Combining the Accounts of Foreign Companies

Mergers and take-overs are commonplace in today’s market. As a result, the accounts of both companies must be combined. Yet, how are the accounts combined of two companies when one is in a foreign country? It is helpful first to define the exact relationship between the domestic and foreign company.

The methods used to translate the accounting of the foreign company depends on whether it is independent of its American parents or if the two companies are closely integrated. Those responsible for creating the financial statements are the ones to determine the foreign company’s classification.

In order to properly define the company’s relationship, the accountant must answer questions like the following. Where are the foreign company’s products sold? Does cash flow openly between the American and foreign companies? Where does the foreign company purchases its goods and services?

Once the foreign company has been defined as either independent or integrated, the next step is to translate the foreign currency amounts into American dollars.

  • Independent Foreign Company

The accounts of an independent foreign company are translated at current exchange rates. The balance sheet dates determine the exchange rate in which all assets and liabilities are translated.  An average exchange rate of the rates throughout the year is used for revenues, expenses as well as depreciation for that year.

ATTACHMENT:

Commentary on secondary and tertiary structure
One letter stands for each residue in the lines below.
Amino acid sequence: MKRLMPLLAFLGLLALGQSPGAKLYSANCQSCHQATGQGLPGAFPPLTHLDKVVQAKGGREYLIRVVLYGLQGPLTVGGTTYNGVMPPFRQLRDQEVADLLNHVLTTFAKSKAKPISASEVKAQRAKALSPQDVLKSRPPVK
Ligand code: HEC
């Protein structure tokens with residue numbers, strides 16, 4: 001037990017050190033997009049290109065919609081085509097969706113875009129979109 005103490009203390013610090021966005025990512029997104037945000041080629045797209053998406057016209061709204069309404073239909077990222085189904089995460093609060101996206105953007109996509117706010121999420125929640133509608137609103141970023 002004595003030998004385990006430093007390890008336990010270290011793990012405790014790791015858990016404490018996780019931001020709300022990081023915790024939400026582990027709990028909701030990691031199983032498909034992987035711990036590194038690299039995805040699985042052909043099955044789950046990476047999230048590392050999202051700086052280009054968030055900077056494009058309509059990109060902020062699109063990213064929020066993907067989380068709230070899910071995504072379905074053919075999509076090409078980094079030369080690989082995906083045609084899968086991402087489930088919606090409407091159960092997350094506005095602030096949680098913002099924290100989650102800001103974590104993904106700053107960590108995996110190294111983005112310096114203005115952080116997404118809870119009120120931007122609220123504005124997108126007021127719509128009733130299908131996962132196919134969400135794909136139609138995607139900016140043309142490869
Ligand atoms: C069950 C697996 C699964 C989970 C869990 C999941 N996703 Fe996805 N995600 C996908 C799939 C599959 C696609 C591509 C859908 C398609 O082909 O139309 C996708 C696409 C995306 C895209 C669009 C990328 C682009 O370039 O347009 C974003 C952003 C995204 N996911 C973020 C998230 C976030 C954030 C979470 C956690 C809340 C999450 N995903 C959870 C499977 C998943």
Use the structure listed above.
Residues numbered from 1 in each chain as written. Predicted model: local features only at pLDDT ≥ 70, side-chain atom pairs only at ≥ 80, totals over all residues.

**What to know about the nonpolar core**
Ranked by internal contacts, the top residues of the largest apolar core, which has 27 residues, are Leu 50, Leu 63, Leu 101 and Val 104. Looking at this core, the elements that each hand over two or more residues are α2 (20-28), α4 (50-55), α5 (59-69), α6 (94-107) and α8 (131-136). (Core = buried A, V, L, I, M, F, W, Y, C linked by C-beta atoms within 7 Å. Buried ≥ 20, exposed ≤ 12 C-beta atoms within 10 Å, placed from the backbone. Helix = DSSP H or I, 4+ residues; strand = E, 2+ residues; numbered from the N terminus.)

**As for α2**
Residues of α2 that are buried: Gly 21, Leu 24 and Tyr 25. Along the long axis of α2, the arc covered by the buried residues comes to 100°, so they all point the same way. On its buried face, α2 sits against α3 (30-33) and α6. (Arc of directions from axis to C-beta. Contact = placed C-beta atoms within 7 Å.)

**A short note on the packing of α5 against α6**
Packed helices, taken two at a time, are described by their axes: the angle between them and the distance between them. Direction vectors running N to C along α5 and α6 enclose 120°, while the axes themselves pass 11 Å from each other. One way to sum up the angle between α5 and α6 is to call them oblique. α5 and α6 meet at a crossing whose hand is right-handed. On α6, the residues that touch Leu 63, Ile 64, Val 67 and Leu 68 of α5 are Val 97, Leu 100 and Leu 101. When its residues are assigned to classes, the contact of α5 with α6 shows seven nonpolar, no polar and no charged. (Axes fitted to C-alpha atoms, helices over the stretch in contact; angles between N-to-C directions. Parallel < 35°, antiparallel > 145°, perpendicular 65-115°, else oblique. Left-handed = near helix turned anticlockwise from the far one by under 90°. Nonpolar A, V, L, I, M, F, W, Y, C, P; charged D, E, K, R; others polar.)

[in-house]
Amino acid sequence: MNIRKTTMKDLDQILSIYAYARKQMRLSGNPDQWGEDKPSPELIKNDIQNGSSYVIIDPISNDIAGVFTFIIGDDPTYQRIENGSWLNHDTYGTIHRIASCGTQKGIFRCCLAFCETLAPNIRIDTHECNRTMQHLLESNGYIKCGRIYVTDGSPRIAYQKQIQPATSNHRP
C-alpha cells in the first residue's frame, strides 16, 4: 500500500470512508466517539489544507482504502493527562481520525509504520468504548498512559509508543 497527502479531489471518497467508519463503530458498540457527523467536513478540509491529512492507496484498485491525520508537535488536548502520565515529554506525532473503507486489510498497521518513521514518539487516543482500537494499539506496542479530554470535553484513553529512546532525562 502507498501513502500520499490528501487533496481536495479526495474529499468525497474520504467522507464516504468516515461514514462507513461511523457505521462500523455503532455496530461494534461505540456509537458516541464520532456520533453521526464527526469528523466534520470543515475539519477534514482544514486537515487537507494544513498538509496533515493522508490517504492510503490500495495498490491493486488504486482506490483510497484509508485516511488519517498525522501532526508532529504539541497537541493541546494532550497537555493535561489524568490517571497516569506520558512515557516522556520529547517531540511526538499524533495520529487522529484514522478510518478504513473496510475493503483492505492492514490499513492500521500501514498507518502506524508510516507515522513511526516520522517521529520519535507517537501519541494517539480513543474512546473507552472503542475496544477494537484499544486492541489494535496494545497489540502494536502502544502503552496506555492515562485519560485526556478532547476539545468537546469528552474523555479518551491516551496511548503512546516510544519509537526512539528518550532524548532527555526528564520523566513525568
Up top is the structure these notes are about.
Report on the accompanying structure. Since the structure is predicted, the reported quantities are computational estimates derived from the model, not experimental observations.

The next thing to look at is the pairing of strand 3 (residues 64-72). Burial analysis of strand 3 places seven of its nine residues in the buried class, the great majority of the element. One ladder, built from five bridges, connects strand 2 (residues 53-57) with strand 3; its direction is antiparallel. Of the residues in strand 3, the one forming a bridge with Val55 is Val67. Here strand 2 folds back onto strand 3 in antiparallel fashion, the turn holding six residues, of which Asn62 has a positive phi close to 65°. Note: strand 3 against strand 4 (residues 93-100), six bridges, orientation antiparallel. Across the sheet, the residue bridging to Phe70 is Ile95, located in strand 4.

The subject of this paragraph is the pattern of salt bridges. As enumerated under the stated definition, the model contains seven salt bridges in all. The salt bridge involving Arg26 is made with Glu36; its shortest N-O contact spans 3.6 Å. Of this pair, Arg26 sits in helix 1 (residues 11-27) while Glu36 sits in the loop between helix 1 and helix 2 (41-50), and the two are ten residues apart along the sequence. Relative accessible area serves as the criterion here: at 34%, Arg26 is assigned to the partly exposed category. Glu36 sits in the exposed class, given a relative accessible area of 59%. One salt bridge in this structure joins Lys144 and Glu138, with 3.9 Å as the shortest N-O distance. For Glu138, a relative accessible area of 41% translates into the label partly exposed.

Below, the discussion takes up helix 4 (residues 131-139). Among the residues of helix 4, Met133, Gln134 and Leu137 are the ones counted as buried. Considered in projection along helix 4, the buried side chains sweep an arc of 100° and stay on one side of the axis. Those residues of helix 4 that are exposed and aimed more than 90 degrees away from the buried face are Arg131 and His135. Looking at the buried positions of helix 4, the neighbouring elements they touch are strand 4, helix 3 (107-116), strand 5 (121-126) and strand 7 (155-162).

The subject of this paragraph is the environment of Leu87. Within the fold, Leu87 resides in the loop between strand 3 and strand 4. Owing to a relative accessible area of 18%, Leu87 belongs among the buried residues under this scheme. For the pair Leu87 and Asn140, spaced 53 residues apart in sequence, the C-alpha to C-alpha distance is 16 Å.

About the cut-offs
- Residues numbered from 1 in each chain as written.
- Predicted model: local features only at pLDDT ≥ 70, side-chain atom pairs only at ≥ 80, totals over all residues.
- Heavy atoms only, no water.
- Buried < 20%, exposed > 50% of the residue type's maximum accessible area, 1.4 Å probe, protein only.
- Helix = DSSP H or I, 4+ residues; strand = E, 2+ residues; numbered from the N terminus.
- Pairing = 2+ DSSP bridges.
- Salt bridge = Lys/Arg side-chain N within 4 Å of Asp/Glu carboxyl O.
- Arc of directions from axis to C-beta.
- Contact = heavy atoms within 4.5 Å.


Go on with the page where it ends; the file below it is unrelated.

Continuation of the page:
• Integrated Foreign Company

The accounts of an integrated foreign company are handled like they had occurred in American dollars instead of the foreign currency. Intangibles, tangibles, plant and equipment and inventories are translated using the exchange rate at the time these items were obtained. Monetary items are translated at the current rate. Revenues and expenses are translated at an average rate of the rates in effect all year. Only depreciation and amortization of intangibles are translated using a historical rate.

Because different accounts are translated at varying rates, the accounts will not balance. The measure of the exchange gain or loss must be added to the account to produce a balanced account.